Consequence of pulling it off: I find this attracts people to RPing with you like a light does insects. I imagine people just like to interact with characters they can partly predict by own social observations (putting them less at the utter whim of the story) – and that aren’t paper thin!

    Consequence of failing to pull it off: Very little, actually. I’ve seen people with the characterisation skills of a toad get heralded as excellent RPers – but people quickly get sick of interacting with them, without that they can quite put a finger on why.?Just to make one thing clear: I actually find that a little sad. Like I said in my main blurb, characterisation is very hard to pull off – it’s not entirely fair people should suffer for it. Luckily, this is a latent, background thing; its effects can be countered to almost complete degree by excelling in other aspects of RP, excepting extreme cases.

    Tips: Don’t be afraid to RP several characters, even if you do it shoddily at the start. Take some time to picture your characters doing every day things – cooking, for example, or waiting for food to warm up if they’re not the cooking type. Also a nice challenge: Write your characters as doing nothing, just standing somewhere. Don’t fill it with inner dialog, but try to capture the subtleties of their expression to the outside. As a final tip, try to describe your characters solely from the perspective of other characters for a while (this is entirely possible without godmoding; it just means describing facial features and body language to greater detail and omitting inner dialog).

  • Interactivity

    How approachable is your character / plot?

    Upfront: I fail at this. Accordingly, I’m not sure precisely how to help others with this subject, but I?can?highlight its importance. Essentially, if your plot is entirely self-contained, that gives you a lot of freedom, but it also makes involving people harder. If your plot reaches out and requires a lot of outside interaction, then it’s easier to get people involved, of course, but you’re also vastly more dependant on them.

    The same holds true for characters. If you write your character as a recluse, you can’t expect people to flock in for a chance to play with them. Mind, the solution is not to write your character as socially outgoing – that doesn’t actually open them up from isolation much. The better idea is to change your character in a way that involves other people’s plotlines (with their permission, of course), and build up a semantic web. Characters that are ‘only’ socially active tend to drop off people’s radars as quickly as they appeared on them. You have to give people an incentive to keep coming back to the RP with you.

    Consequence of pulling it off: Lots and lots of RP!

    Consequence of failing to pull it off: Isolation. There’s only so much effort people will go through to RP with someone that’s giving them little to work off of.

    Tips: Short of the very abstract ones already mentioned, none, sorry.

Now you

Rate yourself for the different aspects, on a scale of one to?ten!?:)?Or get a friend to do it if you’re not sure.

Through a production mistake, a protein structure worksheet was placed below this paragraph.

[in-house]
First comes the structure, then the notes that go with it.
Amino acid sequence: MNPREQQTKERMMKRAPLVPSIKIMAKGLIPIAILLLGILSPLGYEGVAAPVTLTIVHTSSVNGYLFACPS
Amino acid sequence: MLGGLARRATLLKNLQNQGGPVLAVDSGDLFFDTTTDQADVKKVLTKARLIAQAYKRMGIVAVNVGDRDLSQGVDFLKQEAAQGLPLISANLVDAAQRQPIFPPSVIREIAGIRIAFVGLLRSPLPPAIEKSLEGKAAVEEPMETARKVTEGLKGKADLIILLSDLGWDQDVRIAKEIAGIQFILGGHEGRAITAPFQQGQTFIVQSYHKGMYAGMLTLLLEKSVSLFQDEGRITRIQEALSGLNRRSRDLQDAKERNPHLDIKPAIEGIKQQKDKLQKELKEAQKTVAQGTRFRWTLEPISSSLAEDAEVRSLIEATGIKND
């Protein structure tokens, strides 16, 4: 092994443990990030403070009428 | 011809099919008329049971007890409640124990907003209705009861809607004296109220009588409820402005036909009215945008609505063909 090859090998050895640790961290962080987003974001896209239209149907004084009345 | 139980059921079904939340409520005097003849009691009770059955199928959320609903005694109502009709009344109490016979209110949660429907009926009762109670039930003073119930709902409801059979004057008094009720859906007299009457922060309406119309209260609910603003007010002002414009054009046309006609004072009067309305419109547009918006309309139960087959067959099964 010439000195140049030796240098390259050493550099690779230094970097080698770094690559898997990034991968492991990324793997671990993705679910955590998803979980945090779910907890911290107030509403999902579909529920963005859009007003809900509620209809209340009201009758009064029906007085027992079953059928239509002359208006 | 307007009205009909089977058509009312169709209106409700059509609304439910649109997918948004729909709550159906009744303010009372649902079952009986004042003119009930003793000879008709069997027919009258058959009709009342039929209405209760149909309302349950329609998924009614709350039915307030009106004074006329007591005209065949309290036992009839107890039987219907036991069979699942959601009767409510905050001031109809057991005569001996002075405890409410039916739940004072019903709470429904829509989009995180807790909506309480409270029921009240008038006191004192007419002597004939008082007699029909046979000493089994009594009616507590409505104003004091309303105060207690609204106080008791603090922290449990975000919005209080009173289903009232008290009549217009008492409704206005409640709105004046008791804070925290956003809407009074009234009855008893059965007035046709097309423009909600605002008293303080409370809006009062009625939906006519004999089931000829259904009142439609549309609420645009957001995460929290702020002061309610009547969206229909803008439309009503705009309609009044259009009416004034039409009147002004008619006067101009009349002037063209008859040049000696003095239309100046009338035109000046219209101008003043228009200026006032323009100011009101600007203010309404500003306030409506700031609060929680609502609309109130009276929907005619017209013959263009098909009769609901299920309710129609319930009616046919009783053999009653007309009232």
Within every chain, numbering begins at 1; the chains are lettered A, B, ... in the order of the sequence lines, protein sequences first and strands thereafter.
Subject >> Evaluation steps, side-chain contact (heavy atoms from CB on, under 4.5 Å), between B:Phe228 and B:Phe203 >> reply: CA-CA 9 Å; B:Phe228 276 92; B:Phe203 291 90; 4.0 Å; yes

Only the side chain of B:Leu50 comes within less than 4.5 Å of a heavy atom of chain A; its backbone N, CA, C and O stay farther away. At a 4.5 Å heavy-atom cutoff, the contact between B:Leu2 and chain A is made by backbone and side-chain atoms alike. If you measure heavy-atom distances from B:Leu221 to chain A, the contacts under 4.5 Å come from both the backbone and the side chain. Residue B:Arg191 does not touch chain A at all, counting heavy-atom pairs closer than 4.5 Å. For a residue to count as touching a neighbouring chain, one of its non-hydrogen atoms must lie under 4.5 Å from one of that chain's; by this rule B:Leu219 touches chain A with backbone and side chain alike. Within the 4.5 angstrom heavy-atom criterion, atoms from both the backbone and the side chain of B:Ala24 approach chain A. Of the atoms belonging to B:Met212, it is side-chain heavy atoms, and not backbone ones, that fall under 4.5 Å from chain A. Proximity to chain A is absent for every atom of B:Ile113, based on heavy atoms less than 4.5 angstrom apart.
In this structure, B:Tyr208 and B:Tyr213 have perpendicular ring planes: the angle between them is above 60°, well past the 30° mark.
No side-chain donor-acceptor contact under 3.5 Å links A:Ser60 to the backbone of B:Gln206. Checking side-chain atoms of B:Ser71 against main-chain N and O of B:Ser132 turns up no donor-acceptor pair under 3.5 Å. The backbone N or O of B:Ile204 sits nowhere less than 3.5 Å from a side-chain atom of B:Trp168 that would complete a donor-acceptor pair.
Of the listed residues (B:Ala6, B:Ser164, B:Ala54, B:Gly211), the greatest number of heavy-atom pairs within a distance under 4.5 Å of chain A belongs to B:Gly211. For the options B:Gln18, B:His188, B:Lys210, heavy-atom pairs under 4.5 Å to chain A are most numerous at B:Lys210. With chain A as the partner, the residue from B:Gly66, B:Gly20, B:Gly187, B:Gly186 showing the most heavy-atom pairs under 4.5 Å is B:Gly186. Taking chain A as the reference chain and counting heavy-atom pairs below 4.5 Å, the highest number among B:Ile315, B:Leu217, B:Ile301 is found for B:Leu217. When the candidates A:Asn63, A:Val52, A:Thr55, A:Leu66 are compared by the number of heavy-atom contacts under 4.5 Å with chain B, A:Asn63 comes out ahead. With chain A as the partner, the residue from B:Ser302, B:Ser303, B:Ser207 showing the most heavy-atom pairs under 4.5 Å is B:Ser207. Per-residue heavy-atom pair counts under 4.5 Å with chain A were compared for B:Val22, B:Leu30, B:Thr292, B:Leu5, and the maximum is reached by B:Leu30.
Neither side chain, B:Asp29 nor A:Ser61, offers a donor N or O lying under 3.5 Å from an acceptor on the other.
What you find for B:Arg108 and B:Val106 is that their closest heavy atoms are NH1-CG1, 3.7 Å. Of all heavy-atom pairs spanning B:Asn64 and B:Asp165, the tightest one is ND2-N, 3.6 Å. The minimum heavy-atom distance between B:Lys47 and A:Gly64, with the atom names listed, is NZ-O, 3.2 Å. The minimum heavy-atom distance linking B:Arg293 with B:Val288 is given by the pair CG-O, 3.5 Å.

[ ]?Creativity
[ ]?Imagination
[ ]?Sense of realism
[ ]?Punctuation, grammar, and spelling
[ ]?Vocabulary and rhythm
[ ]?Characterisation
[ ]?Interactivity

Remember, there is no shame in failing at a few of these, even the ones I mentioned are most of a hindrance in other people viewing you as a good RPer. The point of this thread is to illustrate just how many aspects flow into good RP, and that no one excels at all of them.

Case in point: I’ve seriously met excellent RPers who didn’t have ‘Punctuation, grammar, and spelling‘ down, but just about everything else. For example, I’ve had great roleplaying experiences with one player in one of my games (a French Canadian; his English just wasn’t as good as that of a native speaker’s) that I’d very honestly hate to trade. I admire the man’s RPing prowess to this day.

This entry was posted in advice and tagged , by pinkgothic. Bookmark the permalink.

About pinkgothic

pinkgothic is the primary gamemaster of a freeform cyberpunk IRC RPG called 'Wildcard' that she's run in several incarnations steadily since the end of 2000. Her gamemaster style is more that of a run-away player who's been given a total godmoding waiver. Miraculously, this has yet to run her players off, though she suspects shenanigans (as opposed to skill).

One thought on “Aspects of the art of roleplaying

  1. Back when I first wrote this, I rated myself:

    [1] Creativity
    [8] Imagination
    [7] Sense of realism
    [9] Punctuation, grammar, and spelling
    [5] Vocabulary and rhythm
    [9] Characterisation
    [1] Interactivity

    I’d say those numbers haven’t changed much, if at all – maybe I’d siphon one point off of ‘punctuation, grammar and spelling’ and onto ‘imagination’.

    I’d say that last one is a terrible affliction for a gamemaster, of course, but it makes it no less true. I blame the fact people put up with me on my strong ‘characterisation’ skill. Otherwise they’d all sensibly run for the hills.

Leave a Reply